Real Property

The law relating to the ownership, use and occupancy of real property (land) is complicated. A legal expert should be consulted prior to entering into any agreement relating to joint or multiple ownership of real property. Expensive and lengthy court actions may be avoided by timely and appropriate written agreements between the parties. Mr. Lashlee has over 30 years of experience advising clients, negotiating and writing agreements, dispute resolution and representation of clients in a wide variety of real property matters. The following is list of few of the real property issues that Mr. Lashlee handles regularly as well as an explanation of his usual fees:




Ownership in real property is usually evidenced by a Deed of which the most common are the Grant, Quit-Claim, Trust Transfer and Interspousal Transfer Deed. An owner of real property named in a Deed is the “Legal Tile Owner.” Other persons who may have a non-title interest in the real property are known as “Equitable Title Owners.” Most people have at least one mortgage on their property. A mortgage is evidenced by document known as a “Deed of Trust.” Deeds of Trust do not evidence title to the real property, but act as a security device for payment of a mortgage or other debt, usually involving a Promissory Note (a formal written promise to pay).


Title disputes arise in a variety of ways. Disputes often involve competing, faulty, unrecorded, fraudulent or forged deeds. Many disputes arise over oral title agreements, for instance where one party purchases the property in their name alone due to the poor credit of the other party. A lawsuit for “Quiet Title” (i.e. an action to determine the rightful owner or owners) may be necessary to resolve disputes over the ownership of real property.


Disputes may arise between co-owners of real property over upkeep, occupancy, payments, sale and other matters. If the parties are unable to work out their disputes, and cannot agree on the sale of the property, a lawsuit known as a “Partition” action may be necessary to obtain a judgment of the respective interests of the owners and an order for the sale of the property.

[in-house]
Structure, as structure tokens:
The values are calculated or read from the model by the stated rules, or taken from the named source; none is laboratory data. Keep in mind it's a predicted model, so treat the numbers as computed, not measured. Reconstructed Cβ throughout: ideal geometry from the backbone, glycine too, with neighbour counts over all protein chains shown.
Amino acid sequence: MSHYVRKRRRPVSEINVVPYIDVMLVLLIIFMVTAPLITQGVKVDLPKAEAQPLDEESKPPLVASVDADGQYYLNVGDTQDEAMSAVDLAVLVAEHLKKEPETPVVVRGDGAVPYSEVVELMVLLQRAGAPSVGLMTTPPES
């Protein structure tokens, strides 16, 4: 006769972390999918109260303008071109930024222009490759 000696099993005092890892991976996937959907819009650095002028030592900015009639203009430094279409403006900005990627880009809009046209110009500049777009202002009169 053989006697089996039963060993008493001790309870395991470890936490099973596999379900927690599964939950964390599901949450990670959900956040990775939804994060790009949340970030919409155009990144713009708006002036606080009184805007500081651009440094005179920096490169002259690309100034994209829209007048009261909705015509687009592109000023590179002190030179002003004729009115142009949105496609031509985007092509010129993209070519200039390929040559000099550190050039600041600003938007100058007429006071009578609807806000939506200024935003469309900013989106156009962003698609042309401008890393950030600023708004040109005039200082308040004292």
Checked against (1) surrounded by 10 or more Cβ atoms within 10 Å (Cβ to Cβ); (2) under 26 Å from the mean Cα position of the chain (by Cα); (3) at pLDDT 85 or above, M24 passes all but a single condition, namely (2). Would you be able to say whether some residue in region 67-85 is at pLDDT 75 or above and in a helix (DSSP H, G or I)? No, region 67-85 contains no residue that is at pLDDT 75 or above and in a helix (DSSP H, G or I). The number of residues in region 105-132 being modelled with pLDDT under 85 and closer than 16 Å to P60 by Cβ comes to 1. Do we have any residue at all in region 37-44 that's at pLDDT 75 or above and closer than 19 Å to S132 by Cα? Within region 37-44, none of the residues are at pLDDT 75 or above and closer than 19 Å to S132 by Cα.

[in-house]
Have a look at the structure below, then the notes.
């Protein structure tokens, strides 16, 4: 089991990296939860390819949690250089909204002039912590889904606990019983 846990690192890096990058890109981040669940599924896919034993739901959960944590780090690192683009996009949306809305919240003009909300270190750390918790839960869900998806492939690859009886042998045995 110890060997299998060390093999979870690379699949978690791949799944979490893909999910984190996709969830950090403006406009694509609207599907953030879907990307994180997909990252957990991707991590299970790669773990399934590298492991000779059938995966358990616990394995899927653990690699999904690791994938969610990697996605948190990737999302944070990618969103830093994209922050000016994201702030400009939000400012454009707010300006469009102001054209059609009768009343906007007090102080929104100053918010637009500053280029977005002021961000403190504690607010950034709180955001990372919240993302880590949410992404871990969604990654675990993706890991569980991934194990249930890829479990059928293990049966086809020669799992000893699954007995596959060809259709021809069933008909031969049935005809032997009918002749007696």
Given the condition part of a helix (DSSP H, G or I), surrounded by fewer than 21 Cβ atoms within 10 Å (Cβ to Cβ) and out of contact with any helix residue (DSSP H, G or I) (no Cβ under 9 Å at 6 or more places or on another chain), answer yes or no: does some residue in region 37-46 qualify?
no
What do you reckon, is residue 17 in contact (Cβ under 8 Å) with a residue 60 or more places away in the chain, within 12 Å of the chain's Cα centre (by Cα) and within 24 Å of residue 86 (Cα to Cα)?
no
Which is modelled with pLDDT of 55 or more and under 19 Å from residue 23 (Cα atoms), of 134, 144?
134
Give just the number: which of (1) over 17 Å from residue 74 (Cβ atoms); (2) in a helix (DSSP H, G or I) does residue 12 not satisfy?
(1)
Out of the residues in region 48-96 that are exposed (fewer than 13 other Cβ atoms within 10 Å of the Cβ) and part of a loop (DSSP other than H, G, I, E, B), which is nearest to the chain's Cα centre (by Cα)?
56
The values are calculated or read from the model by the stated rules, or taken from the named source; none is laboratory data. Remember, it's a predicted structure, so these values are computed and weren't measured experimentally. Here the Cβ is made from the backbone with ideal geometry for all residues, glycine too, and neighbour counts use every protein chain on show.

When a seller of real property enters into a purchase and sale agreement with a buyer, an enforceable contract arises. If either party fails to complete the sale, the failure may be a breach of contract entitling the other party to an action for damages. Because real property is considered under the law to be unique, when a seller backs out of a contract to sell real property, the buyer may be able to force the seller to complete the sale in a lawsuit called “Specific Performance.” In order to obtain a judgment for specific performance, the buyer must have done everything required of him or her in the purchase contract up to the breach by the seller and must be ready and able to complete the remainder of the contract requirements.


A court may rule that the legal title owner holds title to real property in “Constructive Trust” for the true or equitable owner.  This remedy is often requested in a Quiet Title action where the parties have a pre-existing relationship such as parent and child, trustee and beneficiary, caregiver or other relationship of trust.